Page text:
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Liam Cahill’s brand of ‘tough love’ looks like Tipp’s new recipe 



Prior to last year’s hurling championship Liam Sheedy was asked about Tipperary’s pursuit of back-to-back All-Ireland titles, something the county hadn’t achieved since 1965.

he county might not have managed it but he had, he joked, citing wins in 2010 and 2019 that bookended his eight-year absence from the sideline.

It was a reminder that he was a two-time All-Ireland-winning manager and that even then, with two years left on his three-year agreement with the county, his legacy there was already secure.

‘Second comings’ for a successful managers are not always straightforward but Sheedy diluted that quickly by re-energising Tipperary and winning a second All-Ireland title in his first year back.

With the county adding an All-Ireland U-20 title, just as they had done in 2010 (U-21), days after his first All-Ireland title, a bright future looked like it was mapped out in front of them.

And that may yet be the case. But for now Tipperary hurling looks like it is on a path to rebuilding that will probably take more time than Sheedy could devote to it or be given the time to carry that out.

It would also have required the painful deconstruction of a team and a group of players where there was such mutual loyalty.

The boys of 2010 were the men of 2019 but the last two years have not been as kind to them.

Brendan Maher’s retirement last week may be added to in the coming weeks, especially now that Sheedy has made his call.

Tipperary may have exited to Galway and Waterford in the last two All-Ireland championships but dealing with Limerick, like almost every other hurling county, is something they haven’t got to the pitch of.

In each of his three years in charge, Sheedy’s Tipperary were picking themselves off the floor after running into the green juggernaut, losing by 12, nine and five points respectively. Last month’s Munster final loss by five points came with the caveat that they had built a 10-point interval lead with the best hurling they had played since his return. It wasn’t enough and will take quite a reconstruction to bridge the gap.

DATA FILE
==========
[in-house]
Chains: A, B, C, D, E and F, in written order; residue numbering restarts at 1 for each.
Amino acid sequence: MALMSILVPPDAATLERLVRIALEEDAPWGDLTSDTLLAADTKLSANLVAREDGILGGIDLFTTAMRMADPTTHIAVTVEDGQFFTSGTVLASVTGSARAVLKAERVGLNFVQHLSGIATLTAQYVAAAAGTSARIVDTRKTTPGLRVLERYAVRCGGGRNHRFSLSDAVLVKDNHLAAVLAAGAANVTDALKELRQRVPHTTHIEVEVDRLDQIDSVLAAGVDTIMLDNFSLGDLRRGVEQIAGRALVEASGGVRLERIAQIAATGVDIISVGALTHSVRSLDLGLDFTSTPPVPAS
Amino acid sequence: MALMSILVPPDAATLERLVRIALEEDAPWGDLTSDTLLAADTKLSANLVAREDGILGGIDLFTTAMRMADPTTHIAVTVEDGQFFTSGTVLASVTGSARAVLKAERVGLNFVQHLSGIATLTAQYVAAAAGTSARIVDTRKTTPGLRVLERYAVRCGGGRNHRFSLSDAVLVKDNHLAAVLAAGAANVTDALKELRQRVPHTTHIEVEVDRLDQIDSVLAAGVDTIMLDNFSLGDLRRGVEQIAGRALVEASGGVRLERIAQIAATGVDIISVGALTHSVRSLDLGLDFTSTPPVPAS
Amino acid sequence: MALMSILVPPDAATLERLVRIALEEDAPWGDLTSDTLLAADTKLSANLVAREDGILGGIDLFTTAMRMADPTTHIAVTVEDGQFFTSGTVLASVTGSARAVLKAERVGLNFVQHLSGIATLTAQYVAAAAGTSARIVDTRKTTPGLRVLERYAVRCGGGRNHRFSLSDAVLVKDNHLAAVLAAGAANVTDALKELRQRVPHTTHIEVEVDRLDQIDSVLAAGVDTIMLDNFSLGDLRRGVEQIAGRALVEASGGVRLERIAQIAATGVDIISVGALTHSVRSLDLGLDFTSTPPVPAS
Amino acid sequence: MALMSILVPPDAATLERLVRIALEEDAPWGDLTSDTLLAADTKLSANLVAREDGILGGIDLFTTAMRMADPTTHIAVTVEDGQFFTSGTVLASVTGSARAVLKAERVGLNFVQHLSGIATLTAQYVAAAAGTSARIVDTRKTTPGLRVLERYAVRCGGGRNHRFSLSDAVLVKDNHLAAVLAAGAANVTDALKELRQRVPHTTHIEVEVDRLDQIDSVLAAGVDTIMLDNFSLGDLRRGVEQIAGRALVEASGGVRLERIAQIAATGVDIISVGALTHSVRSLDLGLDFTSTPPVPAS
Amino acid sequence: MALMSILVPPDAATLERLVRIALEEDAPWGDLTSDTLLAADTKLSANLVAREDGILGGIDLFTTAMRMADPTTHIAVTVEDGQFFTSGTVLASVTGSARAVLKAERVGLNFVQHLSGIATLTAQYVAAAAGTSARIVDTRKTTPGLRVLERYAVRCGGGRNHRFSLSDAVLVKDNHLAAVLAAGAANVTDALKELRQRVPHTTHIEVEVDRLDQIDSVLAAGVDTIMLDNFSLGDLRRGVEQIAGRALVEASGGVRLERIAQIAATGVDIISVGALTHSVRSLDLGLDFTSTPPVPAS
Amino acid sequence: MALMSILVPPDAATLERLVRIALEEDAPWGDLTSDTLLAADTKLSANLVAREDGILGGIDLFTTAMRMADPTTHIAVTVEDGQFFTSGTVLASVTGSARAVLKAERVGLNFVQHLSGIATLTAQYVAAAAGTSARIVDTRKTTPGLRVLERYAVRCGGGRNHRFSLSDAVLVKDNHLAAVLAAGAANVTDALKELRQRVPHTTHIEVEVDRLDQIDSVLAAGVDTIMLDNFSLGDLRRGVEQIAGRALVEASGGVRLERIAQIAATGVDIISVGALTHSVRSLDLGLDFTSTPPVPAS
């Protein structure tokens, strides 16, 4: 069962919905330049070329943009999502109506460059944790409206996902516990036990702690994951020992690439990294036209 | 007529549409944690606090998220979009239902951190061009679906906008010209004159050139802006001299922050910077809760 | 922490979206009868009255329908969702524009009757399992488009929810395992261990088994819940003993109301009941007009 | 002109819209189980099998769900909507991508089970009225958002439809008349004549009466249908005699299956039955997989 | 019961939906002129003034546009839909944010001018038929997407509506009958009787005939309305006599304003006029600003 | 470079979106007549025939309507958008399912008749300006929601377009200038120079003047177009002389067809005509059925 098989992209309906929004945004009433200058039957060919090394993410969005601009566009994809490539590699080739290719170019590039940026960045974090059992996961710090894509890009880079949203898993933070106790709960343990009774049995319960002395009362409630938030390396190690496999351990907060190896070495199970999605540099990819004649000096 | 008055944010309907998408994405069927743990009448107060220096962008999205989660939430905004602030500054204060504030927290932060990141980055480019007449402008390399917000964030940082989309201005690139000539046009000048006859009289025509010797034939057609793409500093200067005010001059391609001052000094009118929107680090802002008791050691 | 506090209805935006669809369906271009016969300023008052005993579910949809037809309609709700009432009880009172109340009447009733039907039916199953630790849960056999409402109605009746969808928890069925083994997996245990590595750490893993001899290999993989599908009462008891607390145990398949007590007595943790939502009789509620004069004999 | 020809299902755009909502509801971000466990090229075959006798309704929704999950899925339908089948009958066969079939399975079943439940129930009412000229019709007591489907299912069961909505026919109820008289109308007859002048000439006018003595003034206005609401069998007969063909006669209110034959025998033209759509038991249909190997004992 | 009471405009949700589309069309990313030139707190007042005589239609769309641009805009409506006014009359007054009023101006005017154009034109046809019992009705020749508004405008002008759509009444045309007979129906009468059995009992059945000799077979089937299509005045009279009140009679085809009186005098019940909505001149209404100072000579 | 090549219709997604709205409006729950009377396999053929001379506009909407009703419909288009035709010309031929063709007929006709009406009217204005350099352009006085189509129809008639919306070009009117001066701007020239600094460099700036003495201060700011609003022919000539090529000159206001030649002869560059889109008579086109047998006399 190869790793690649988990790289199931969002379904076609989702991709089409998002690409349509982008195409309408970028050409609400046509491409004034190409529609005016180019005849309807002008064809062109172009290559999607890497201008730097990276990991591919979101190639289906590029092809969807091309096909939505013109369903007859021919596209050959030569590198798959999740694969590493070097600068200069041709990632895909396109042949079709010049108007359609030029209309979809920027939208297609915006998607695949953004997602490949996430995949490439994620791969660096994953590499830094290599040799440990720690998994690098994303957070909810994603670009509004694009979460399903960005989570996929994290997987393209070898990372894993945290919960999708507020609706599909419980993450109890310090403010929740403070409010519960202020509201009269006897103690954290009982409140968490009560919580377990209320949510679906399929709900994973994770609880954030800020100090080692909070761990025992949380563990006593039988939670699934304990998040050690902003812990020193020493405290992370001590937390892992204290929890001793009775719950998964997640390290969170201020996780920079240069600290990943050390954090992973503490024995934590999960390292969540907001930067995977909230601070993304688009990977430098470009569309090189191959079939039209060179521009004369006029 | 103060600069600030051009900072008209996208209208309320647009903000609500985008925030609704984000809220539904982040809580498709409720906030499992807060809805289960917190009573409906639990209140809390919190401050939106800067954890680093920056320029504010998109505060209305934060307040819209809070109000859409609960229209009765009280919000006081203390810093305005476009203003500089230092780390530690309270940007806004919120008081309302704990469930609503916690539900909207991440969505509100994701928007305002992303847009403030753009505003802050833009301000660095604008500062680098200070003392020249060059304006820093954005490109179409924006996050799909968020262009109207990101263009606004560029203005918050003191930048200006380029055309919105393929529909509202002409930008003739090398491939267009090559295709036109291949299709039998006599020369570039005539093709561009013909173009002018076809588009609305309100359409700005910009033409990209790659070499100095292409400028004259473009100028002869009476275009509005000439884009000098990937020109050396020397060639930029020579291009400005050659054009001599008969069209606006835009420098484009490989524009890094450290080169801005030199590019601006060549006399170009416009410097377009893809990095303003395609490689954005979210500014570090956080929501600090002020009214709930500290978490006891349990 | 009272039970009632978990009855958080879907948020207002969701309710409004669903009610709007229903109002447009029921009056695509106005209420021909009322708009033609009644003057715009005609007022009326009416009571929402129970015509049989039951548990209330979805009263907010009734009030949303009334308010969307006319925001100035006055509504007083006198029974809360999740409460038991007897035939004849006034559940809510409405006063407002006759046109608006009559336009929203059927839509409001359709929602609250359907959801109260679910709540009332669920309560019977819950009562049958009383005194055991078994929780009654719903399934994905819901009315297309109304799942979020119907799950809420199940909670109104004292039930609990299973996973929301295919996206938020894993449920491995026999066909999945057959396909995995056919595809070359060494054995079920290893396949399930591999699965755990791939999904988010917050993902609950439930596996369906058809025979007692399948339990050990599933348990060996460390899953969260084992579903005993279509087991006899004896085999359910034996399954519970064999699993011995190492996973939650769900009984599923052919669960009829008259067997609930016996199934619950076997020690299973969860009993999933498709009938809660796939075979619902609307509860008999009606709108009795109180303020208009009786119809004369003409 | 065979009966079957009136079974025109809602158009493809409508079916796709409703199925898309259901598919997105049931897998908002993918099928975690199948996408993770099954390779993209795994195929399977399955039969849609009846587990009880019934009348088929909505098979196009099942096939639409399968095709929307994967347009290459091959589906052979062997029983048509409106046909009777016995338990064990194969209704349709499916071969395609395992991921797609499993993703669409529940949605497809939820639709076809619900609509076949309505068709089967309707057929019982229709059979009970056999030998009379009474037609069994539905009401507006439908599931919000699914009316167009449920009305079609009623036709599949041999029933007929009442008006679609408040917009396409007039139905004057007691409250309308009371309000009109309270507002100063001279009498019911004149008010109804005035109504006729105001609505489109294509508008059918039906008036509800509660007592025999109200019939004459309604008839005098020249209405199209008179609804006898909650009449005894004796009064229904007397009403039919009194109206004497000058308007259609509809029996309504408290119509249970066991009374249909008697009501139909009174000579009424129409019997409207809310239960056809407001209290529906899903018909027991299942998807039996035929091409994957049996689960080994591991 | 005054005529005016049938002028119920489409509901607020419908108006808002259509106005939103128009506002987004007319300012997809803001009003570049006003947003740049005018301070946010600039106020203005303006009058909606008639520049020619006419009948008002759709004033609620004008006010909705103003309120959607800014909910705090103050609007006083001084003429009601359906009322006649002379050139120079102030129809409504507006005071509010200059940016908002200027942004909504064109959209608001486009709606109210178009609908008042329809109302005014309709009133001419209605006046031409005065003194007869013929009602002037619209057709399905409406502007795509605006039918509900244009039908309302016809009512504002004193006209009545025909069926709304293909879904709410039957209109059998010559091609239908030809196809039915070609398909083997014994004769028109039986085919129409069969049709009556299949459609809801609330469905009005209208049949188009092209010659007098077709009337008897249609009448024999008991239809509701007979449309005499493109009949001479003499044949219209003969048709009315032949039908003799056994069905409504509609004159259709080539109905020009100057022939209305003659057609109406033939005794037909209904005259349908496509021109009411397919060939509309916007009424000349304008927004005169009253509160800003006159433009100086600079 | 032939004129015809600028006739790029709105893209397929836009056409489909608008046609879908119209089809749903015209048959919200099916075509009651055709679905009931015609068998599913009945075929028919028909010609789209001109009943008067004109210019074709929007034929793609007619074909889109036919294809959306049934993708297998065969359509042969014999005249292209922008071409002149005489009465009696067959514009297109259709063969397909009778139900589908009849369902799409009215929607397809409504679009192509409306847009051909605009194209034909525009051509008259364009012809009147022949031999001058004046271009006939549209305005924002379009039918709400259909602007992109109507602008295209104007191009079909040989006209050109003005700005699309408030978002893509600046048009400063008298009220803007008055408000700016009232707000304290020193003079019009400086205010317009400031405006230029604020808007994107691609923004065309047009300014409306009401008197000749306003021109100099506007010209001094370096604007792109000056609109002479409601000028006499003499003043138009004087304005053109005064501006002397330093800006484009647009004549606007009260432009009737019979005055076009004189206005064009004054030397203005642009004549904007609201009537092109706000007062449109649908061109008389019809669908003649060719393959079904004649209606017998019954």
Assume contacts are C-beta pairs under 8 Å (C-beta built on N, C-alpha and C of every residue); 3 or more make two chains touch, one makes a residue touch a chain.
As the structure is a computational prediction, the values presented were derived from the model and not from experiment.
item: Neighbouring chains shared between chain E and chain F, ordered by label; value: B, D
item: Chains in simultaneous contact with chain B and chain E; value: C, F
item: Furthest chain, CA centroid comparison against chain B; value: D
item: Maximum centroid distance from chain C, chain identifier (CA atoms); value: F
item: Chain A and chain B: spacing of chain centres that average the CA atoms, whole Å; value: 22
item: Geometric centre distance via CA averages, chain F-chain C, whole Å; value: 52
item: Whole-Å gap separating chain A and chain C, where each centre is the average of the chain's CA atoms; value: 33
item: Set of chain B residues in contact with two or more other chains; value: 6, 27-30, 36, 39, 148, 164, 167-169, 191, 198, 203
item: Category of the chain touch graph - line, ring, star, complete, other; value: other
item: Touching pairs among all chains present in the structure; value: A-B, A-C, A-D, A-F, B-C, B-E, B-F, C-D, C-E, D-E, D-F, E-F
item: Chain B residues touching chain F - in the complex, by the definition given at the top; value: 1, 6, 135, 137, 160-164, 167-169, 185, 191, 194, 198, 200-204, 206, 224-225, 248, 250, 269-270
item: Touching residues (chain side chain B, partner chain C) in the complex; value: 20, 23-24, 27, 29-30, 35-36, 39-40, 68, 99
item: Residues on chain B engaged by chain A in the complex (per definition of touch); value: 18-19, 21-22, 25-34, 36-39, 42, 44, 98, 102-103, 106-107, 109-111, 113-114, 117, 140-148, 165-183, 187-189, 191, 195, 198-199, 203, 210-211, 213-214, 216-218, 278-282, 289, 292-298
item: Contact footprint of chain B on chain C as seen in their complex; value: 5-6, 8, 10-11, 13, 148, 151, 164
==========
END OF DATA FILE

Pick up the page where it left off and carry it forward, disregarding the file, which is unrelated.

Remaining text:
Do Tipperary have the players to do that? With back-to-back All-Ireland U-21/U-20 titles, in theory they should have but Cork, who they beat in both finals, have pushed through players from those games at a much quicker rate, chiefly out of necessity but also because they might just be that bit better. The results of both 2018 and 2019 U-21/U-20 finals may be a little distorting in that regard.

The suggestion that Sheedy didn’t promote some of those underage players quickly enough has been floated but the question must also be asked as to who or how many are good enough to displace what’s already there. Does anyone really think that Sheedy would play the loyalty card too hard if the options were that obvious.

Undoubtedly, the man in charge of those U-21/U-20 teams may well have extracted a greater collective yield than the component parts suggest he should. And that should put Liam Cahill at the head of the queue to succeed Sheedy. Cahill was in the shake-up to replace Michael Ryan three years ago but was still thought to be behind William Maher when Sheedy entered the equation late, offering Tipperary officials a straightforward decision.

Since then Cahill has enhanced his credentials enormously by rebuilding Waterford impressively and the attraction of managing his native county and working with players he has had success with before will be a strong one.

But will Tipperary see it that way? Since the first Sheedy era, the county have always had the bones of a succession plan in place, largely built around the Sheedy’s backroom with Eamon O’Shea and Michael Ryan, two of his coaches from 2008 to 2010 subsequently having their own three-year spells in charge.

Declan Ryan, aided by Tommy Dunne, had two years (2011-’12) too with Dunne part of the Sheedy management team just departed. That ‘boot room’ approach could manifest again through Darragh Egan who has been with Sheedy in a coaching capacity over the last three years.

But the more logical option looks like Cahill and his brand of tough love, if he’s willing to jump ship.

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